This week I am so excited to share my article and design that was published in the recent issue of the Floral Art Society of New Zealand's Academy Magazine for NZ qualified teachers, judges and demonstrators. It's all about good competition.
You have made up your mind, read your schedule and signed the entry form. You are in competition preparation mode with your eye on gold. Competitions are a great way for designers to hone their skills, challenge their talent and showcase their work as part of a group of leading edge designers who are setting design trends. All good reasons to compete. And there is more: great competition is good for you and our floral art community, in fact, it is actually essential for your sustained creative success.
Many designers hesitate to enter a prominent competition or compete against a really strong designer.
It is so easy to get intimidated and talk yourself out of taking on the challenge. Instead they enter at a level where they feel comfortable. They might be relatively successful in their comfort zone, but it no longer inspires them to create something truly spectacular. Let me explain why:
Growing and honing your skills can only come from “good” competition. Your skills will stagnate without competition or “bad” competition.
No Competition: Without competition, designers are unable to establish the relative level of their skills. How polished are your design skills really? Do you still pay careful attention to floral craftsmanship? Is your work as original as you think it is? It’s so hard to judge for yourself.
The absence of competition has another, even more harmful effect. It can cause you to become complacent, never looking for ways to improve, never raising the bar. Like any other design form, floral design skills are ever moving and changing. Combating complacency requires you to actively seek competition. Sign up to receive floral art magazines like the Academy Leader, join groups that promote art (for instance WAI Flowers... or let me know if you have a good flower group to suggest) and continue the conversation. Take part in shows and competitions, attend design demonstrations, conferences and enroll in a training course. You can even join me here on the My Creative Workbook website for weekly design inspiration. Let the floral world, and yourself, know that you are current and relevant.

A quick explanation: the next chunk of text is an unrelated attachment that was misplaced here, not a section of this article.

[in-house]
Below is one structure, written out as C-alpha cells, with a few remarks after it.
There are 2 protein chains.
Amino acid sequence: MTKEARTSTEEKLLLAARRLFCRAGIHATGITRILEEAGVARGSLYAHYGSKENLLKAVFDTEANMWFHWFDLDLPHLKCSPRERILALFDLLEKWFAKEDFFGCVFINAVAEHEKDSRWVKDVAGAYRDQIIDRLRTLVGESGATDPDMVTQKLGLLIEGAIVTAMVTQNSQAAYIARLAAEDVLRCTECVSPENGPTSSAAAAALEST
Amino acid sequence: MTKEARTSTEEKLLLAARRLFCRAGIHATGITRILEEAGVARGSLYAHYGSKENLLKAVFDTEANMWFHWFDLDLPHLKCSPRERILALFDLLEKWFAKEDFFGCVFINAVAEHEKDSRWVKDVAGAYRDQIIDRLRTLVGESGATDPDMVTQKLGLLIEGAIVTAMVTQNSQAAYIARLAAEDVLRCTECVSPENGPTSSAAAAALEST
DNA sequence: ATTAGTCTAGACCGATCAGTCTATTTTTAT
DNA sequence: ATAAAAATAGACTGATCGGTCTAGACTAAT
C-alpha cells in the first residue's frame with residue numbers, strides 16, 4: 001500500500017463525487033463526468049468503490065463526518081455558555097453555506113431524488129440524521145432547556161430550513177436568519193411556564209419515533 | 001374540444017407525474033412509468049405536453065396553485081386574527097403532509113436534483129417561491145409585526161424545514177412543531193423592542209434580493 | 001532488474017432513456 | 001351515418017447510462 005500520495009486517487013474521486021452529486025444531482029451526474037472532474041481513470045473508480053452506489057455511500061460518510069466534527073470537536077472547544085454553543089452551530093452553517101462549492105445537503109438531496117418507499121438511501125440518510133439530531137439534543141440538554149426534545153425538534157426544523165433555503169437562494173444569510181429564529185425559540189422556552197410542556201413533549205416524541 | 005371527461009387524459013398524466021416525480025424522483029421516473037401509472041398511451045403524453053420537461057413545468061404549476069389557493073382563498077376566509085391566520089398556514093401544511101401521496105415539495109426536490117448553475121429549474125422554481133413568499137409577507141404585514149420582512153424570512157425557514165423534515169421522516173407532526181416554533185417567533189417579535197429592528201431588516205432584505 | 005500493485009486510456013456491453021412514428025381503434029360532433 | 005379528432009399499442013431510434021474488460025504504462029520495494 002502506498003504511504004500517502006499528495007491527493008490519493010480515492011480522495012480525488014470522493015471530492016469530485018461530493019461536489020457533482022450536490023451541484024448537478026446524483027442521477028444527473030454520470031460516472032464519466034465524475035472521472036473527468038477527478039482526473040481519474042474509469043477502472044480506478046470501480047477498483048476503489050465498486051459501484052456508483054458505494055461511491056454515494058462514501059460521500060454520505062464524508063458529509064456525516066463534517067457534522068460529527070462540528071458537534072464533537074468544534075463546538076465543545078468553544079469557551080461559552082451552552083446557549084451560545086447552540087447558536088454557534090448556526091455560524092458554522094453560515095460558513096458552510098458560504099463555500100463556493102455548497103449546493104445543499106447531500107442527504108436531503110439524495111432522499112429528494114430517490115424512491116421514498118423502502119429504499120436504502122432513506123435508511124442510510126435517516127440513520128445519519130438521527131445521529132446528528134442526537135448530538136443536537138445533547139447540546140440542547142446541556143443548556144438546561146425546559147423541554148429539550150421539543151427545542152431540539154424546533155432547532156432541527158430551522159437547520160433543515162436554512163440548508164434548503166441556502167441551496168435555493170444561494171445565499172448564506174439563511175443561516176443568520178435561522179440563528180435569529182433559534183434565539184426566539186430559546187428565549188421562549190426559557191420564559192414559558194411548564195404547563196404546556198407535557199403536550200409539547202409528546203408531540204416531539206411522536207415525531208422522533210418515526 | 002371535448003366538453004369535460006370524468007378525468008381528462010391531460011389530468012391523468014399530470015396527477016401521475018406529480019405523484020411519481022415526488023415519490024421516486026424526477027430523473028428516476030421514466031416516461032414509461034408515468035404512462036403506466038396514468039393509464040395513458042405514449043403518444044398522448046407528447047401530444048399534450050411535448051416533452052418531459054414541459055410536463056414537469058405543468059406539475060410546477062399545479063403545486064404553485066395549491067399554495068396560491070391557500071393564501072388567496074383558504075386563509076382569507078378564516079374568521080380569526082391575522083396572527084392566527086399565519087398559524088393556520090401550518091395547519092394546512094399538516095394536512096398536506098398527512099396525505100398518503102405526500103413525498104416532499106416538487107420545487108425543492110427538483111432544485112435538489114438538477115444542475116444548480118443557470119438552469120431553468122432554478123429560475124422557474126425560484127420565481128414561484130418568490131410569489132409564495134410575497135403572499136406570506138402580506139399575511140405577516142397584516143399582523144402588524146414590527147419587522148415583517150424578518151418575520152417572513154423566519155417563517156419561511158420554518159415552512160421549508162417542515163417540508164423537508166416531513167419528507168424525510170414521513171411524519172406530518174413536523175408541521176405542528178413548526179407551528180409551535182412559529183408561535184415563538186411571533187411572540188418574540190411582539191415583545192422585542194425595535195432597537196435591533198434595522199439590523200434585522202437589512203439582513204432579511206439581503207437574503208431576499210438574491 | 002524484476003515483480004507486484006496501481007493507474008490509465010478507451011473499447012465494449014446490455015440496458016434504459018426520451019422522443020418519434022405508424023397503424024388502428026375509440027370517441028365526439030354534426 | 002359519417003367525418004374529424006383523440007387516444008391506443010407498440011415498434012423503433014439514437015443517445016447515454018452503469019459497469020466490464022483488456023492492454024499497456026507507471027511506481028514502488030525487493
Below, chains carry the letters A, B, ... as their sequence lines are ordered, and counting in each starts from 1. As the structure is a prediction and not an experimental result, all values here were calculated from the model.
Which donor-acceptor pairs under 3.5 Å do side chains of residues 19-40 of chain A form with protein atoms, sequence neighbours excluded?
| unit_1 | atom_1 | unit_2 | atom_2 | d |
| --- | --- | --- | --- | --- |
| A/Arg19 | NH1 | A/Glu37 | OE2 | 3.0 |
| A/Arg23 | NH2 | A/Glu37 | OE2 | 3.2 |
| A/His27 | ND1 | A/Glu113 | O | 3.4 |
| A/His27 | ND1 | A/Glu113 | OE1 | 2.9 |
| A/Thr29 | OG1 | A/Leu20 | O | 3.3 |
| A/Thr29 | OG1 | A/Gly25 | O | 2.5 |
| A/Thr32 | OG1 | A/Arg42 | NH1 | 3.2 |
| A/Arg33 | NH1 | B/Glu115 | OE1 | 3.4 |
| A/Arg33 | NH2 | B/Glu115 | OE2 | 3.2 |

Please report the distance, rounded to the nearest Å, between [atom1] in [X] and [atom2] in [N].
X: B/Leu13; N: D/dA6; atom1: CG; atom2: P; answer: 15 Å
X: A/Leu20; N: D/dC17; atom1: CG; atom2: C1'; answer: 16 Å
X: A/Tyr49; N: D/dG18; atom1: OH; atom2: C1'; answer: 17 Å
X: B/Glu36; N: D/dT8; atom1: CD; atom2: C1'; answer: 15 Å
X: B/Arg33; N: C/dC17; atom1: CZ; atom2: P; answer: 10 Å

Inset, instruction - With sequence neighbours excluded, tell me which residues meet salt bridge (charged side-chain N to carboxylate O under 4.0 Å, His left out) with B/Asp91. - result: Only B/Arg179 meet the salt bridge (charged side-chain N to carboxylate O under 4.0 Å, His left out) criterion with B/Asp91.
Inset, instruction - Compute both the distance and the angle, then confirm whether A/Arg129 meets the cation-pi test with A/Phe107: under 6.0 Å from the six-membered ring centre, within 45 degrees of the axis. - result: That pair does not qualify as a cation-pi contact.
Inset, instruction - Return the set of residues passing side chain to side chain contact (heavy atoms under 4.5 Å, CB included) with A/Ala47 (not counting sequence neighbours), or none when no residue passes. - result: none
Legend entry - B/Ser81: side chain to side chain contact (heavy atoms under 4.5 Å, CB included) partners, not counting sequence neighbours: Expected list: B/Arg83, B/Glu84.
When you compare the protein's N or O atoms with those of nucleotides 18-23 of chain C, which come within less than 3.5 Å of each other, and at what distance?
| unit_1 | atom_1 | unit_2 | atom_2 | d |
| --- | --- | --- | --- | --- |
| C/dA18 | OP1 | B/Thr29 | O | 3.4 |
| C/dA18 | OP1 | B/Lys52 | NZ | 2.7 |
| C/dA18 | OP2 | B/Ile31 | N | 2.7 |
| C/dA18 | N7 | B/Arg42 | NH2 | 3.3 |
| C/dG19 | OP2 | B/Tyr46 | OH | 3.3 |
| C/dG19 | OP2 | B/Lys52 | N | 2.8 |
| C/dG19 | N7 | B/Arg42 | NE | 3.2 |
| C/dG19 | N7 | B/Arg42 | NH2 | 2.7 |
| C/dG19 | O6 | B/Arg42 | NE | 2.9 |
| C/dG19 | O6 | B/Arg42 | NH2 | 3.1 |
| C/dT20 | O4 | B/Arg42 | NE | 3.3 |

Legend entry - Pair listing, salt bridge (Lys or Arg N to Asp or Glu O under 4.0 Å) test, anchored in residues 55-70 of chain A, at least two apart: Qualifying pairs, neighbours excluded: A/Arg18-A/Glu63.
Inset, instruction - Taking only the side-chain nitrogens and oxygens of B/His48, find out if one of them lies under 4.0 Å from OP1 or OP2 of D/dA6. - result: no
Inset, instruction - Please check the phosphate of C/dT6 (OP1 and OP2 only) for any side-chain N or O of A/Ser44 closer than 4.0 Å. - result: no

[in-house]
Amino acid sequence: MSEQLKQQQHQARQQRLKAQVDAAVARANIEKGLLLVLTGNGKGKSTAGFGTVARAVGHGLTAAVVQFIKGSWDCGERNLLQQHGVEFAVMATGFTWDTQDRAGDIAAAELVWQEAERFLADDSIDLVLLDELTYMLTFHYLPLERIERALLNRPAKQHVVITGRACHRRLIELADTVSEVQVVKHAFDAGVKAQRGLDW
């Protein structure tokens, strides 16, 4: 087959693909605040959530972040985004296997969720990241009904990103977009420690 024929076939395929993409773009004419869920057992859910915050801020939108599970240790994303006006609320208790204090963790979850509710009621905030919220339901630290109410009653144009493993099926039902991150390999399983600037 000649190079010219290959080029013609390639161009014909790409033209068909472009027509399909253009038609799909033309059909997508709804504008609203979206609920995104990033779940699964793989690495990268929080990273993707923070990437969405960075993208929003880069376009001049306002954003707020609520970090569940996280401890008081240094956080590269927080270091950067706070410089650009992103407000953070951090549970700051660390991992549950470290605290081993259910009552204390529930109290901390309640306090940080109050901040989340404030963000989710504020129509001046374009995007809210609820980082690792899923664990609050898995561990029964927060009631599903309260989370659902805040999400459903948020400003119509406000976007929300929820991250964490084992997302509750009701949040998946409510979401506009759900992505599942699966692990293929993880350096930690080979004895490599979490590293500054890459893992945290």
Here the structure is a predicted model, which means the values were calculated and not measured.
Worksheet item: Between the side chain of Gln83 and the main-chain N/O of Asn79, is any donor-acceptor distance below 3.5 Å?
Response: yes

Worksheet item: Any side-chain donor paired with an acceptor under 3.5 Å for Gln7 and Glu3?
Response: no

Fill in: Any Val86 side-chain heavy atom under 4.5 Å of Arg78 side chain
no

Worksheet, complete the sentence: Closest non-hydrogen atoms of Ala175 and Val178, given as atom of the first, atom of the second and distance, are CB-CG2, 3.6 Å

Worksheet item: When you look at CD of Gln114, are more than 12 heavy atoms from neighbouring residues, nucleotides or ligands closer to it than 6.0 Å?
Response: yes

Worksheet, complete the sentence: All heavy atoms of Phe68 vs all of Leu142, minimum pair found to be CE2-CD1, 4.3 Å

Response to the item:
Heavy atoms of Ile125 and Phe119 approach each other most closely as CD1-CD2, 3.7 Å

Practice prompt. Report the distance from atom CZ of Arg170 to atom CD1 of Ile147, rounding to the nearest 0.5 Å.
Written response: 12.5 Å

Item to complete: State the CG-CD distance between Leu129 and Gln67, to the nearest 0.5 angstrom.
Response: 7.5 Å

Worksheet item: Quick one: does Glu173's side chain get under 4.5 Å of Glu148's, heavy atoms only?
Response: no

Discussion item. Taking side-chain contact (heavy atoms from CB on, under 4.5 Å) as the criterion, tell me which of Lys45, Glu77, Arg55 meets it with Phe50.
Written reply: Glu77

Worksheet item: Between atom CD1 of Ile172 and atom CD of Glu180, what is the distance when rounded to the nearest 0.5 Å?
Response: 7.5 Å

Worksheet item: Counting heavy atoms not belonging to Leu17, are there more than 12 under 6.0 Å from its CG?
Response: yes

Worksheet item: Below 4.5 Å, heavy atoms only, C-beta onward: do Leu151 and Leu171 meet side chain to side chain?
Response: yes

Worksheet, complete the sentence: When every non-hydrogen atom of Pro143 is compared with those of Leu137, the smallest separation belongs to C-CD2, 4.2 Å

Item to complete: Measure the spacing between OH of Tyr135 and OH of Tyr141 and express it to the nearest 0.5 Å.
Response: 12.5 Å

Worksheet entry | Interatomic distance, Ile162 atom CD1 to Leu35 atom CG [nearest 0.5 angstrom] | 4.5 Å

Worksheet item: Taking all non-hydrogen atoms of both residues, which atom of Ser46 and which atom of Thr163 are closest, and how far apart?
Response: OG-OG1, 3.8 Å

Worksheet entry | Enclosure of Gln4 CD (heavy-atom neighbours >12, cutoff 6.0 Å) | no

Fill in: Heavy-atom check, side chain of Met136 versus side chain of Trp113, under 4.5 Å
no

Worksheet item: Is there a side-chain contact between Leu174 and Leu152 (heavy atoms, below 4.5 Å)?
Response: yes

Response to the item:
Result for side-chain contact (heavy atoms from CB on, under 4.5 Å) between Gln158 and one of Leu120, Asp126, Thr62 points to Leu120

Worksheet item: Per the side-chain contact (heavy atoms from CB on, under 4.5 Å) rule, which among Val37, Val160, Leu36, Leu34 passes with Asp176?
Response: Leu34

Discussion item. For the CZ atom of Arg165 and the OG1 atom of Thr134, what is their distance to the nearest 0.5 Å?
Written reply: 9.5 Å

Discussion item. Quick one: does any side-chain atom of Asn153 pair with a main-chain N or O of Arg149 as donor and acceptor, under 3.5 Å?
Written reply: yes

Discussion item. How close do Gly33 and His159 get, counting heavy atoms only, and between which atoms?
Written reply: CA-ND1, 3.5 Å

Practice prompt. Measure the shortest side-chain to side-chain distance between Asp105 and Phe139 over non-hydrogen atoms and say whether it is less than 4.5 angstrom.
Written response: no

Bad Competition: As a competitor, bad competition may sound desirable, but it can be disastrous. If the overall standard is low in a competition, the viewers will naturally associate the disappointing experience with floral art as a whole, and passionate organizers and designers will have to work twice as hard to compensate or attract them to the next competition or show. Education is the best counter to bad competition.
Educate your visitors to the show and the competitors alike. Arrange public floral art appreciation demonstrations and flower care events at the show. Teach visitors about what the judges are looking for and how the designers prepare and the challenges they face. Include a "how to read the show schedule” or "floral art rules and regulations" or even “you be the judge” pamphlets with every ticket sale or place it next to the designs. If the viewers are educated they will demand the kind of high quality designs you offer. As a competitor, you can even meet with your competition to encourage group cooperation and improvement, at least on some level, so that you compete as individual designers but uplift and promote floral art as a group. I mean… who doesn’t like to hear they competed in the absolute best category in the entire show!
Good Competition: The ideal situation is to face good (great is even better!) competition. With good competition you have the opportunity to differentiate yourself. This is where you learn what your key strengths are and what your value proposition is. Good competition will also push you to constantly improve, knowing that you have to deliver your absolute best in order to remain great competition for your competition.
Great and healthy competition inspires. Not every competition you enter will be to win. You enter some competitions to push boundaries and set a new standard for yourself. These kind of “out there” designs rarely win, but they do get you noticed! Designing to push your own boundaries in competitions mean that you don’t have to change your style when you are experimenting. Nor do you have to fear failure because the judges still associate your work with quality (and innovation) even if you did not win this time.
This allows you to focus on what you create, really develop and letting the people who follow your work (and the judges) fall in love with your offering.
Build a lifelong relationship with viewers with ever improving designs and impeccable craftsmanship. In good competitions there’s no such thing as failure because the standard is so high.
Take the time to evaluate your competition, and evaluate yourself as competition. Consider the implications on your floral art today, and in the long run. Make sure that you are great competition.
Special thank you to Vivienne Tumaru, the editor of Floral Art Society of New Zealand's Academy magazine for the wonderful review of my book- I so appreciate it Viv!
If you would like to review my book,
The Effortless Floral Craftsman, a floral crafter's guide to crafting with nature
on your blog or website, or would like to receive an online review copy for your publication please contact me, I would love to connect with you.
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